The Tel Aviv-based Argus Cyber Security announced on Friday that it was acquired by German automotive giant Continental for an undisclosed amount. Earlier this week, media reports suggested the deal was struck for $400 million.
The award-winning Israeli company specializes in automotive cyber security, providing end-to-end security solutions that protect connected cars from hackers and malicious software. Founded in just 2013, Argus quickly became a global leader in the industry and is one of the only companies working to come up with cybersecurity solutions for a future autonomous car.
Continental, the world’s second-largest supplier of car parts with over $40 billion in annual sales, said Argus will become part of its subsidiary Elektrobit (EB), a stand-alone software company.
Argus co-founder and CEO Ofer Ben-Noon said in a statement on Friday that the Israeli company “was founded with a vision to protect all vehicles on the road from cyber threats. To this end we have developed the most comprehensive automotive cyber security offering in the industry and enjoy global recognition of our leadership,” adding that “joining forces with Continental and EB will enable us to further accelerate the realization of that vision.”
“With automotive cyber security regulations in the making worldwide and with already millions of connected cars on the road, I can’t think of a better time, or a more exciting move, than now to become part of EB. Together we will shorten time to market and make it easier for vehicle manufacturers to protect their vehicles from cyber attacks,” said Ben-Noon.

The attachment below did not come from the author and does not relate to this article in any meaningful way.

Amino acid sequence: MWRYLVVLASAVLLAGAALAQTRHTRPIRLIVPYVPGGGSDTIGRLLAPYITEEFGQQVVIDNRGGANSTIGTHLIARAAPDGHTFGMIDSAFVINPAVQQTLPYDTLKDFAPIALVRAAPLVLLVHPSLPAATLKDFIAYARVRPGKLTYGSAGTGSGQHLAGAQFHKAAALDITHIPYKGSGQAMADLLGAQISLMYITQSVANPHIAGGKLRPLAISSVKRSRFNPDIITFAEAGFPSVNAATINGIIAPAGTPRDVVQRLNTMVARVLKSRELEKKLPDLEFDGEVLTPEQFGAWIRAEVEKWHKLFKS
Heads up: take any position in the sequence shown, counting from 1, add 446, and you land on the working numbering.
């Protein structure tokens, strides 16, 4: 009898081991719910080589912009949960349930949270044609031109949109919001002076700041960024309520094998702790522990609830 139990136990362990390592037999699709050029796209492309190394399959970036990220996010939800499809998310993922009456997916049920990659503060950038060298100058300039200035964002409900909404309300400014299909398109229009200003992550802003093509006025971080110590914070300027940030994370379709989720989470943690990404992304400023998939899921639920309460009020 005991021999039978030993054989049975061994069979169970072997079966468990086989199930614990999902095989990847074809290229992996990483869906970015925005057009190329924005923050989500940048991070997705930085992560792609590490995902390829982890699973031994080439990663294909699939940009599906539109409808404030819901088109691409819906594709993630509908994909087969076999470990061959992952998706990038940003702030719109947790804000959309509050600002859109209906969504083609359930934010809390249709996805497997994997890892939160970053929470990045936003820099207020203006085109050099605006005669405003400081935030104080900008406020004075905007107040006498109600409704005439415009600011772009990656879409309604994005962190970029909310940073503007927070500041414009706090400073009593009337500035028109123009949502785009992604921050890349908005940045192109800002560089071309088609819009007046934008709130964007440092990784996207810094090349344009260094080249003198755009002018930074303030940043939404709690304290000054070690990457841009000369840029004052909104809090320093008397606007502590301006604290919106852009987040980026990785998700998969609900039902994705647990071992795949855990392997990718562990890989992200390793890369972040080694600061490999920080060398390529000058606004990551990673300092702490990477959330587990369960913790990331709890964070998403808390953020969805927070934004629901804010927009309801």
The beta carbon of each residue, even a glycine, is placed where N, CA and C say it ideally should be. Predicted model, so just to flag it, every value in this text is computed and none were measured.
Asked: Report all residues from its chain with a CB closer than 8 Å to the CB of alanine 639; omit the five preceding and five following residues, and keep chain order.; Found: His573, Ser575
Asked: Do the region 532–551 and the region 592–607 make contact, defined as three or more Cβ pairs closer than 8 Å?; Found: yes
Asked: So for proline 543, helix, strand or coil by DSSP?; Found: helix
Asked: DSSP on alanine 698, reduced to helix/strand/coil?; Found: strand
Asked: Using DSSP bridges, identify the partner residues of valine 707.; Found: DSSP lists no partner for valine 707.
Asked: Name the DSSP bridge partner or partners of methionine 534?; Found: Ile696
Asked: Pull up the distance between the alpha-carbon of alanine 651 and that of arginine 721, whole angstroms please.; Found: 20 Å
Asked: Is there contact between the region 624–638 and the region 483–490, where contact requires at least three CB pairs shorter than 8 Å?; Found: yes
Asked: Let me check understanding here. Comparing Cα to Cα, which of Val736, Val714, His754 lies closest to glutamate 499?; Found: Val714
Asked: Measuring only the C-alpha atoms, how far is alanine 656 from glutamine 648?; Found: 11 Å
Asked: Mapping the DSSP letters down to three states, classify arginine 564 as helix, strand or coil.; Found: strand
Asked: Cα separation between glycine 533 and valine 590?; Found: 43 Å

Argus’ chief marketing officer Yoni Heilbronn told NoCamels on Friday that the acquisition marked “another boost to Israeli industry” and the hi-tech sector, and that not only would the company retain its 70 employees, most of them Israeli, it also had plans to embark on a large recruiting campaign over the next year to employ at least another 100 people. The company has offices in Israel, the US, Germany and Japan, and boasts boasts 38 granted and pending patents.
Heilbronn said Argus would retain its company name in Israel and its R&D operations.
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Argus has been collaborating with Continental since 2016 to develop cybersecurity and over-the-air software update solutions with Elektrobit.
EB’s president and managing director, Alexander Kocher, said adding “Argus to our portfolio will allow us to further advance the development of our software,” to offer “the automotive industry — carmakers and suppliers alike — a complete secure solution for the development of highly automated and connected driving. This will enable them to develop safer, smarter and more efficient vehicles.”
A member of the executive board at Continental and head of the interior division, Helmut Matschi also welcomed the sale, saying that with the acquisition of Argus, Continental would be “enhancing our abilities to directly develop and offer solutions and services with some of the world’s leading automotive cyber security experts to our customers around the globe in order to truly make mobility more intelligent and secure.”
The “only secure mobility is intelligent mobility,” he said.
Argus was founded by three graduates of the Israeli military’s elite IDF intelligence Unit 8200 — Ben-Noon, R&D VP Oron Lavi, and CTO Yaron Galula — and a prominent Israeli entrepreneur, Zohar Zisapel.